French Yogurt, update.

Earlier this year ago, I wrote about my experiments in making homemade French yogurt (January 15, 2020). Since then, I have continued to make my own yogurt. Each week, I make anywhere between 20 and 48 jars of yogurt.

While making yogurt, I have continued to learn more about what works best for homemade yogurt. Here are a few tips:

  1. Yogurt cultures can be kept in the refrigerator for a few days if not making yogurt each day. I have found that the four days of storage is the longest that I would recommend. After four days, the cultures do start to spoil.
  2. Frozen yogurt needs to completely thaw before starting a new batch of yogurt. If not thawed, the frozen culture will take an extra 4 hours of incubation for a good outcome.
  3. A small amount of sugar (1/4 tsp) added to each 8 ounce jar of yogurt prior to incubation helps tremendously in creating the creamiest yogurt I have ever tasted.
  4. Homemade yogurt, strained through cheese cloth for an hour creates a very good base for tzatziki sauce as well as a good replacement for sour cream in baking recipes.

I have also found ways to use the Oui jars that I had accumulated. The most common use has been for making candles. Using glass etching, I have given candles to many friends and family. I have also made candles for each of our staff at my dental office (48 in total).

Recently, I decided to do some more glass etching to make storage for my button collection. Storing buttons in a large jar meant that each time I needed a specific color, I needed to sort through the entire jar. The last time I needed a button, I sorted all of them by color. Then I created vinyl stencils to etch several Oui jars with a label.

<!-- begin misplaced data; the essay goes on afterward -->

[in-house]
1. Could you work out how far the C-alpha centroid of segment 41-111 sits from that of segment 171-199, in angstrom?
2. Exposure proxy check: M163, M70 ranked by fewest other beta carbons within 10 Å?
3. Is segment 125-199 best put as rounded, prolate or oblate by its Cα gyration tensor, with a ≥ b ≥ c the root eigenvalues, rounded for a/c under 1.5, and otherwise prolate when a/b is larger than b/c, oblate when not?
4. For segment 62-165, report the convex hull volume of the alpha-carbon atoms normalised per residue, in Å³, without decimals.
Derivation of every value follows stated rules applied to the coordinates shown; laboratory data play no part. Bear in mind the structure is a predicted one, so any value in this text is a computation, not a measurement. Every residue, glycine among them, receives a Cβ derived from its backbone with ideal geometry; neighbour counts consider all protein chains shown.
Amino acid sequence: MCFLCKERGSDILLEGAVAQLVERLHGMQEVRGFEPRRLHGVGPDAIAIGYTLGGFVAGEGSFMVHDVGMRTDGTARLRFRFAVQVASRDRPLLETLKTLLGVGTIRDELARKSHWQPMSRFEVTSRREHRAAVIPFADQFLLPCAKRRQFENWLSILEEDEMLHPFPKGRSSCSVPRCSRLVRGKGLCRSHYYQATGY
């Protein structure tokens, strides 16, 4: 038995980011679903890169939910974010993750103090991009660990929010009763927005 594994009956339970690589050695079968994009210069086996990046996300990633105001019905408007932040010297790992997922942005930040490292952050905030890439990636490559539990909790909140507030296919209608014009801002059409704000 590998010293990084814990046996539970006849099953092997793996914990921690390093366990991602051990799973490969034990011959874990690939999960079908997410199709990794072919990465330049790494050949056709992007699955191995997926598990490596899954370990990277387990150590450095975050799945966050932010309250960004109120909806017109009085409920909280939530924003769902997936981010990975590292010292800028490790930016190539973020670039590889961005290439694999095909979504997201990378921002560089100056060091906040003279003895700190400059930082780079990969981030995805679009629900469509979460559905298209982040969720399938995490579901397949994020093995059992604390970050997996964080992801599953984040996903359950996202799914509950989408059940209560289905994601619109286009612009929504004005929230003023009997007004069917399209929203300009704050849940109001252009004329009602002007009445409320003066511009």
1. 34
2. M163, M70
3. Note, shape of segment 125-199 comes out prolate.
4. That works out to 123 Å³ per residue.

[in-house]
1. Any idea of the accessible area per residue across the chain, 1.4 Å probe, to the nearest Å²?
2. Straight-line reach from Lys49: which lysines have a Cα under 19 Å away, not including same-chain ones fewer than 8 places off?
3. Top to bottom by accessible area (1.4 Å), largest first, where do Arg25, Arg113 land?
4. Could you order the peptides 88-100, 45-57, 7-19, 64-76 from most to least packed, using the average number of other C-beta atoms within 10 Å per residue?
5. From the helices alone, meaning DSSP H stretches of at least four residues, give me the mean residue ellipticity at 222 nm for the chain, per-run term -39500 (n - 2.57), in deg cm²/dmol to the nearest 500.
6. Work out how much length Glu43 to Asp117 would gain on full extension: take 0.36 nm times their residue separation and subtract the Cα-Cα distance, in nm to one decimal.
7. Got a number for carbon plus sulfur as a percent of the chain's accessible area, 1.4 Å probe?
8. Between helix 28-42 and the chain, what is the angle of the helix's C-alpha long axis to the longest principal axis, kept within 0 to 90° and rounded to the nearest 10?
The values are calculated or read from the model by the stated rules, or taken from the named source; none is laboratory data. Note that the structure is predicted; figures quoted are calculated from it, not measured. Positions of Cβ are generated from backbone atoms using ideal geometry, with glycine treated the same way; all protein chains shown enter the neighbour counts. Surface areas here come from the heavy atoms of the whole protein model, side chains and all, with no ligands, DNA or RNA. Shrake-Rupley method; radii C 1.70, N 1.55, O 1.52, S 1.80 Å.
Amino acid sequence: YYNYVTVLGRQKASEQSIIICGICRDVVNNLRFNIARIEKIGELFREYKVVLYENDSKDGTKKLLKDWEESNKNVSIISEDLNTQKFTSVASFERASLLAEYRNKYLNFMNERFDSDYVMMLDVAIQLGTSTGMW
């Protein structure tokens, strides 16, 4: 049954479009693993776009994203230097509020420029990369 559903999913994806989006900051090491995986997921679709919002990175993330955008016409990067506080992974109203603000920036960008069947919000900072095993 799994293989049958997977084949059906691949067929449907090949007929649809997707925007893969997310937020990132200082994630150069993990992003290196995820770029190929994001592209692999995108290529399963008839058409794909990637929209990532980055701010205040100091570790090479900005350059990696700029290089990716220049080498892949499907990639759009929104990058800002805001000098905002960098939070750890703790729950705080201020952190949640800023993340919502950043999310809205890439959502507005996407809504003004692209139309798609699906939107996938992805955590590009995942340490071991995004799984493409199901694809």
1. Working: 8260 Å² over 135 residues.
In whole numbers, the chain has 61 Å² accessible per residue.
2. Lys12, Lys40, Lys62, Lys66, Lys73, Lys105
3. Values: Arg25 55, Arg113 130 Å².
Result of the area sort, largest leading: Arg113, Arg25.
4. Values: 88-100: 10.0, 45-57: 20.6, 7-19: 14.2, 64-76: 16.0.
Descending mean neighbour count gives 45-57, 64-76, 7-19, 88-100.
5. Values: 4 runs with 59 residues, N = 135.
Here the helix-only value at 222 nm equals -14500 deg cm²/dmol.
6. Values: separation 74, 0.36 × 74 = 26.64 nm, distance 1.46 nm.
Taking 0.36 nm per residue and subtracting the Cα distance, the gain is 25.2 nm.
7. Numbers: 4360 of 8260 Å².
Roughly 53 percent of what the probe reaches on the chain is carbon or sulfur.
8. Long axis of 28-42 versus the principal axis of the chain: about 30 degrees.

Having found some lids that fit these jars, I now have a well organized button collection in my sewing room.

I still have about a dozen empty Oui jars. I need to find some other projects to use these for.

Wind chimes from wine bottle.

IMG_1933When I started making fused glass mushrooms, I had to ask friends for empty wine bottles because I generally don’t drink any alcoholic beverages and so we had none at our house.  In doing this, I was received several colors of bottles – dark green, olive green, clear, blue, brown and amber.  Since the green are the only ones that worked well for mushroom stalks, that left me to think about other ideas for the different colors of bottles.

So, last week when I needed something to recognize an outgoing president of one of the organizations I am a member of, I decided to use one of the clear wine bottles to make another unique recognition item – a wind chime.

  • Clear Wine Bottle
  • Kinkajou bottle cutter
  • Rubbing Alcohol
  • Adhesive Stencil
  • Armour Etch Glass Etching Paste
  • Craft stick
  • Gloves, eyewear, apron
  • Drop Cloth
  • Coe 96 white glass
  • Heat resistant wire
  • Wooden Disks/Beads
  • Chain
  • Various Beads
1. Following the directions for use, cut the bottom off of the wine bottle using the Kinkajou bottle cutter.  I scored and cut about one inch up from the bottom.  Smooth the edge with glass file or glass sanding pads.
2. Clean the surface of the glass with rubbing alcohol, making sure to remove all finger prints.  Firmly adhere the cut stencil on the bottle.
3. Apply the Armour Etch paste to the glass following the suggestions in my original post about glass etching.


4. Create a wind scope or wind sail.  I cut two tooth shapes out of white fusible glass.  These were full fused together with a wire loop at the top to facilitate assembly of the wind chime.
5. Using wire and pieces of chain, string together the beads to a visually pleasing length.  I used a wooden wheel shape for the striker and a wooden candle cup turned upside down to keep the beads from pulling out of the bottle.